Objective To investigate the frequency in which the physician provides a global assessment of disease activity (PhGA) >0 and an active joint count (AJC)=0 in children with juvenile idiopathic arthritis (JIA) and search for determinants of divergence between the two measures. Methods Data were extracted from a multinational cross-sectional dataset of 9966 patients who had JIA by International League of Associations for Rheumatology criteria, were recruited between 2011 and 2016, and had both PhGA and AJC recorded by the caring paediatric rheumatologist at the study visit. Determinants of discordance between PhGA>0 and AJC=0 were searched for by multivariable logistic regression and dominance analyses. Results The PhGA was scored >0 in 1647 (32.3%) of 5103 patients who had an AJC of 0. Independent associations with discordant assessment were identified for tender or restricted joint count >0, history of enthesitis, presence of active uveitis or systemic features, enthesitis-related or systemic arthritis, increased acute phase reactants, pain visual analogue scale (VAS)>0, and impaired physical or psychosocial well-being. In dominance analysis, tender joint count accounted for 35.43% of PhGA variance, followed by pain VAS>0 (17.72%), restricted joint count >0 (16.14%) and physical health score >0 (11.42%). Conclusion We found that many paediatric rheumatologists did not mark a score of 0 for patients who they found not to have active joints. The presence of pain in joints not meeting the definition of active joint used in JIA was the main determinant of this phenomenon.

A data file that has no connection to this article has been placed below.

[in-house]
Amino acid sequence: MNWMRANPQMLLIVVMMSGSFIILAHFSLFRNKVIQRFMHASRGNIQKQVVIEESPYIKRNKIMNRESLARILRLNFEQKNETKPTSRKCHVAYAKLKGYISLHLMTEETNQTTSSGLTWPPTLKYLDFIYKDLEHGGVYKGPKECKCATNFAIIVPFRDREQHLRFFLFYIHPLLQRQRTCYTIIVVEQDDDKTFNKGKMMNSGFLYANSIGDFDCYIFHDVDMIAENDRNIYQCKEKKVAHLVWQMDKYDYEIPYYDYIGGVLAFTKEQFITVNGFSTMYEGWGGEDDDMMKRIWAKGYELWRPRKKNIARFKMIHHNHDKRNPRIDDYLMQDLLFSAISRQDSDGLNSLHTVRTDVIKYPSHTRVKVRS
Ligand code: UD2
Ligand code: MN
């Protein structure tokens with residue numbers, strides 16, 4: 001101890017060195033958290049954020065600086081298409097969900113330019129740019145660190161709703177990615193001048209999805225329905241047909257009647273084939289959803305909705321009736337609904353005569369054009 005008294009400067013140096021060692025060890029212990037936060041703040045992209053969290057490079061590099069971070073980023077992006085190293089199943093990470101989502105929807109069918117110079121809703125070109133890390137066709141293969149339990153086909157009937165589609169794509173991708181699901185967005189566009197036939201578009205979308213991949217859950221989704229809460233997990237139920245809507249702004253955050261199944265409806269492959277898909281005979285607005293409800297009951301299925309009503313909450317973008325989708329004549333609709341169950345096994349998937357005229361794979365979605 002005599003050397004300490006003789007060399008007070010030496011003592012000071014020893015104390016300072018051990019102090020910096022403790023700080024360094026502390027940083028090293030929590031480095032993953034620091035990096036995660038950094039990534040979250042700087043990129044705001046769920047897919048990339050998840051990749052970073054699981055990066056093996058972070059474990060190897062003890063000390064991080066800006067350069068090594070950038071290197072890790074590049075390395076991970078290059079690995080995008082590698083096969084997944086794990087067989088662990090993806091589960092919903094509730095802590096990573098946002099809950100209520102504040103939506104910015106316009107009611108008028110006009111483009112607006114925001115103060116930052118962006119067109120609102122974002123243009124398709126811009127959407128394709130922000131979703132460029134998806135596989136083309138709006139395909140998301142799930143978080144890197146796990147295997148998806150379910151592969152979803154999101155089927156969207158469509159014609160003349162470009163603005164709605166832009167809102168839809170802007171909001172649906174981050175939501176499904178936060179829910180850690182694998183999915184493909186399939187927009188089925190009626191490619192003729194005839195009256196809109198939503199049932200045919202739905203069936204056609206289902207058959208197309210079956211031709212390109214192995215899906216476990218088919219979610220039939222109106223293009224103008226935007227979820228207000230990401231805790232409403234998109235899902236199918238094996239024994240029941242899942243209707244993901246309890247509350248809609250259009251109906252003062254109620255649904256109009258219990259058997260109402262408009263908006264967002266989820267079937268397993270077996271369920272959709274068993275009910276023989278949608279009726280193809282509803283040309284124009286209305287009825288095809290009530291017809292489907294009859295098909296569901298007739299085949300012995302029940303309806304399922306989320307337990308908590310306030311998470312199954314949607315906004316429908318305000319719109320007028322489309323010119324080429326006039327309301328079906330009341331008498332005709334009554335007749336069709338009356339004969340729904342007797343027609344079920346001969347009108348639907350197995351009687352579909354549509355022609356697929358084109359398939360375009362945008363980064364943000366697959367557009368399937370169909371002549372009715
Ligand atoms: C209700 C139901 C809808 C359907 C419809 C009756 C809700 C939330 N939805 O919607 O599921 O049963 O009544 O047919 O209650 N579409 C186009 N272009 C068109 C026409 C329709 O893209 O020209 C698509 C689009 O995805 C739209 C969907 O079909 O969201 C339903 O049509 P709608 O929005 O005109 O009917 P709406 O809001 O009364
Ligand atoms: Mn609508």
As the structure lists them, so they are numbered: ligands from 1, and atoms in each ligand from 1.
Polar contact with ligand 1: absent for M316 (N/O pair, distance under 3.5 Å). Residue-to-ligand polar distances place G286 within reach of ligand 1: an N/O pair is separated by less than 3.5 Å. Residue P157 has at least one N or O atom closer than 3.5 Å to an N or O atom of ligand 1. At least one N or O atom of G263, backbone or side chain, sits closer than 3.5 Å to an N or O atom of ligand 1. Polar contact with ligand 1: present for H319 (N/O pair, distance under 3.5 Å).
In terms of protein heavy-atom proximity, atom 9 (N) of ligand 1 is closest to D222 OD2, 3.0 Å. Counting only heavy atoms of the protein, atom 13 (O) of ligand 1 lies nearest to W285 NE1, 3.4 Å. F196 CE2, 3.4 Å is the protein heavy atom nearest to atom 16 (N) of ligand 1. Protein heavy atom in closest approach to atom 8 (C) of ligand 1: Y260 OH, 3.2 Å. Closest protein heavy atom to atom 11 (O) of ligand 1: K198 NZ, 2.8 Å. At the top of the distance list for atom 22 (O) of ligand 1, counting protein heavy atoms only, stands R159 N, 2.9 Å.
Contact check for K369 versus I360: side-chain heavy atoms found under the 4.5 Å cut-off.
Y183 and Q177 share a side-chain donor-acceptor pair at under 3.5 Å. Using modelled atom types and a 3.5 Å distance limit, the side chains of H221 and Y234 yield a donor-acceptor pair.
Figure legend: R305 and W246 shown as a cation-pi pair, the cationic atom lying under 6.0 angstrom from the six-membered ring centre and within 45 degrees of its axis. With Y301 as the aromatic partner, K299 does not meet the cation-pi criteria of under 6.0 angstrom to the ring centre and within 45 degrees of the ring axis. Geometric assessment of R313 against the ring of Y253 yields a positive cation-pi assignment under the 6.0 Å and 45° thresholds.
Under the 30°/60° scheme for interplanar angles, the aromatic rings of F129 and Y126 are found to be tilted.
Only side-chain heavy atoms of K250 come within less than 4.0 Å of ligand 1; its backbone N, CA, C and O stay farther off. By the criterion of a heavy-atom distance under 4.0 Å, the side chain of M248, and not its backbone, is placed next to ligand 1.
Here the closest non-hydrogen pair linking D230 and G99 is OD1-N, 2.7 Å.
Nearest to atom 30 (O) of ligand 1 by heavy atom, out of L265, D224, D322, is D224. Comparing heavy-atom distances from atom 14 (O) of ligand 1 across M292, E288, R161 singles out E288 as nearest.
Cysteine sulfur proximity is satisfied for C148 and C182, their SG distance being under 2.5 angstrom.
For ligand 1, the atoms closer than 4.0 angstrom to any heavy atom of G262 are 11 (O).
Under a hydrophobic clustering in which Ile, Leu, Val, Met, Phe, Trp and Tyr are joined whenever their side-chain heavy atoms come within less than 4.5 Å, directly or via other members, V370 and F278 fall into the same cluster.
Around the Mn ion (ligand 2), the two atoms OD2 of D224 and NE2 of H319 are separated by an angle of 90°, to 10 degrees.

|Titolo:||Drivers of non-zero physician global scores during periods of inactive disease in juvenile idiopathic arthritis|
|Data di pubblicazione:||2022|
|Appare nelle tipologie:||01.01 - Articolo su rivista|